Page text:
This change marks a move towards more intuitive, conversational, and human-friendly interactions with technology, reflecting our natural desire for clear, relevant, and instant responses.
Designing a semantic search and RAG system
Our goal was to create a system that could understand language more effectively, efficiently manage vast amounts of data, and deliver personalized results. We focused on addressing the challenges posed by traditional search methods and the drawbacks of foundational LLMs.
We aimed to use our insights to build a system capable of finding the most relevant information and providing useful answers. Our approach was simple, focused on practical solutions, and leveraged the following key features:
We wanted to develop a search system that uses semantic search. We achieved this by taking user search queries and converting them into numerical vectors using machine-learned meaning in the backend. These sets of numbers or vectors were then matched against a database of similar vectors to identify the most similar results.
We enhanced the search results by understanding the user's intended meaning and providing more relevant results. It's worth noting that semantic search can sometimes produce inaccurate results when dealing with short queries, typically comprising just two or three specific keywords.
Contextual response generation with AI
We improved the user experience by providing responses that are aware of the context of the user's queries through an 'Ask AI' function. This function considers all the relevant results gathered from previous smart searches.
The data returned from the smart search can be used as context for the user's query and sent to the OpenAI Chat API to generate a continuous text response. This process is known as Retrieval Augmented Generation.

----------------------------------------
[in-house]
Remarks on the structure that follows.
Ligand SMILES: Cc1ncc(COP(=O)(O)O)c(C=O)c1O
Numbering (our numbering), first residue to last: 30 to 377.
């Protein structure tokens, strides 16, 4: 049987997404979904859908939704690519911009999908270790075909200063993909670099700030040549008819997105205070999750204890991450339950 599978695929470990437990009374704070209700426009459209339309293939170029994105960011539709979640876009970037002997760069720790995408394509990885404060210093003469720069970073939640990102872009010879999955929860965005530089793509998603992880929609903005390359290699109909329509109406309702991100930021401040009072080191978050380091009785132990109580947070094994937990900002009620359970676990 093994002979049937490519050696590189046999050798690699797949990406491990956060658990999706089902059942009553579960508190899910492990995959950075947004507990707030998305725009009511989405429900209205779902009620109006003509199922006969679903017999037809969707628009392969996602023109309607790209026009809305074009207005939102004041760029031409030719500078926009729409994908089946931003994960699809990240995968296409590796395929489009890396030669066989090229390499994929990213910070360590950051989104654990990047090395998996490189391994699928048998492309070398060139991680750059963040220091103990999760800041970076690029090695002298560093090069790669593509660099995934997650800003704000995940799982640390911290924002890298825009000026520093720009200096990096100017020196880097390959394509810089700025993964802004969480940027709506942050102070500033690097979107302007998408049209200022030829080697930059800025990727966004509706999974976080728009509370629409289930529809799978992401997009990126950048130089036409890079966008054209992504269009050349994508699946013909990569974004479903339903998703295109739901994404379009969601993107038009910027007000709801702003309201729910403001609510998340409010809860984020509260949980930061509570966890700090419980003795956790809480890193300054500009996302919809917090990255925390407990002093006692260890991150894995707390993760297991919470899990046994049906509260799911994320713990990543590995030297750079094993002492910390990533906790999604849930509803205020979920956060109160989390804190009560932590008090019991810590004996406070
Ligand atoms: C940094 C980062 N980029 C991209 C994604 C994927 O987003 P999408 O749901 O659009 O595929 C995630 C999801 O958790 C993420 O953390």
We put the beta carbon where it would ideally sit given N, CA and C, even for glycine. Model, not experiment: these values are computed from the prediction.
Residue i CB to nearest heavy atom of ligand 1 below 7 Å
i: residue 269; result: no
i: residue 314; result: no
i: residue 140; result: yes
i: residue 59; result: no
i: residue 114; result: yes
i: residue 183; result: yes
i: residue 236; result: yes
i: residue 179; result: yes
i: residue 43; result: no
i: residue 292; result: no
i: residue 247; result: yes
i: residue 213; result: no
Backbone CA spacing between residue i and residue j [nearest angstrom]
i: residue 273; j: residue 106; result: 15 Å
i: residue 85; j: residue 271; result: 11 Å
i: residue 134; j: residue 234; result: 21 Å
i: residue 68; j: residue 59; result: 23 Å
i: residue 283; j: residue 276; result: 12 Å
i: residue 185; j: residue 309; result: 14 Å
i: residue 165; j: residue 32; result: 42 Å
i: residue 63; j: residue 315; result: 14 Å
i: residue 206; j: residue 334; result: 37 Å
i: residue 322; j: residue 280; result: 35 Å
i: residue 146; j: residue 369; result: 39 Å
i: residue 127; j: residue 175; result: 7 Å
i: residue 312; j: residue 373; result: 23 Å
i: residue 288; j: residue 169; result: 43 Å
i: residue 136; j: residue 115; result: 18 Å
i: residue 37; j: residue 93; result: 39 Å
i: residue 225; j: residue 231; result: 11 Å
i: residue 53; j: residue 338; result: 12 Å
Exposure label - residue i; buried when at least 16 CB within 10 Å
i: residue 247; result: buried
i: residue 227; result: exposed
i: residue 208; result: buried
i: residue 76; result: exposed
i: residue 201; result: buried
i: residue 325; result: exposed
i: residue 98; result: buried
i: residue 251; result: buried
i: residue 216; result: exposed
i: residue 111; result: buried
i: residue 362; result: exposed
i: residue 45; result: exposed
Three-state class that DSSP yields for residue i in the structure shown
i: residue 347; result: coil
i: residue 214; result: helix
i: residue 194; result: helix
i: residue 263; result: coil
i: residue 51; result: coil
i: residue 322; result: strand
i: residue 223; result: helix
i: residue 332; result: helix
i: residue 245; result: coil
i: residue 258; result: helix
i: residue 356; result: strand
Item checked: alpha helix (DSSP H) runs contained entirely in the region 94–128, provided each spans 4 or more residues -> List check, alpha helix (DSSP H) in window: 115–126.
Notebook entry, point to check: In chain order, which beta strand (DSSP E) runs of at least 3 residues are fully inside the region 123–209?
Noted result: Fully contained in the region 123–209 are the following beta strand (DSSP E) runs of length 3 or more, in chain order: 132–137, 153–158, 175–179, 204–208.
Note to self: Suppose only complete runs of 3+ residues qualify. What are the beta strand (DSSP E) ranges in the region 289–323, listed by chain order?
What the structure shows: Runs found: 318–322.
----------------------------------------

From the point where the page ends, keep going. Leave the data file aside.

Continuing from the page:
With these features, we believe our AI-driven search system can greatly enhance the way people search for information.
We chose the following tools for storing data:
- Pinecone: It's an AI solution that uses vectors for scalability and doesn't require any maintenance or troubleshooting. It speeds up data searches within milliseconds, applies filters to metadata, and supports indexes that help find precise search results for various tasks.
- Meilisearch: This is a free and open-source alternative to Algolia, that comes with an exciting experimental feature allowing us to store vectors with traditional data. It combines the key features of both Algolia and Pinecone and delivers results in just milliseconds.
- OpenAI API: This API gives access to all the general-purpose models, including GPT-4 and more. It can be easily integrated into applications to handle complex tasks and enhance experiences with AI.
As for the demo, we chose the Tokio web server (built on Rust) for the backend and its main query handler due to its high performance. It's reliable and provides a safe environment, making it an ideal choice for building an API.
Combining AI with Rust brings benefits like speed, handling multiple tasks simultaneously, ensuring memory safety, and the ability to work with C libraries. Additionally, Rust provides a supportive community and a growing set of libraries for creating web services and APIs.
The demo search application
Challenges with the RAG system
Limited model context windows and large text blogs
A context window is like the number of tokens or text the model can take in before it generates more text. For example, common models like GPT-3.5-Turbo have a context window of 4,096 tokens, which equals about 3,000 English words. Meanwhile, bigger models like GPT-4 have 32,768 tokens, which would be about 24,500 words. (These are approximate figures and can vary depending on the text and how it's processed by the tokenizer model.)
When we add more data, these can become limitations. Some models, like Claude 2, have a wider context window of 100,000 tokens, but you start seeing diminishing results, and issues like hallucinations pop up.
We tried out different approaches, but for our experiment, we went with the simplest one, "trimming." However, we considered the Pinecone scores before cutting out parts of the context.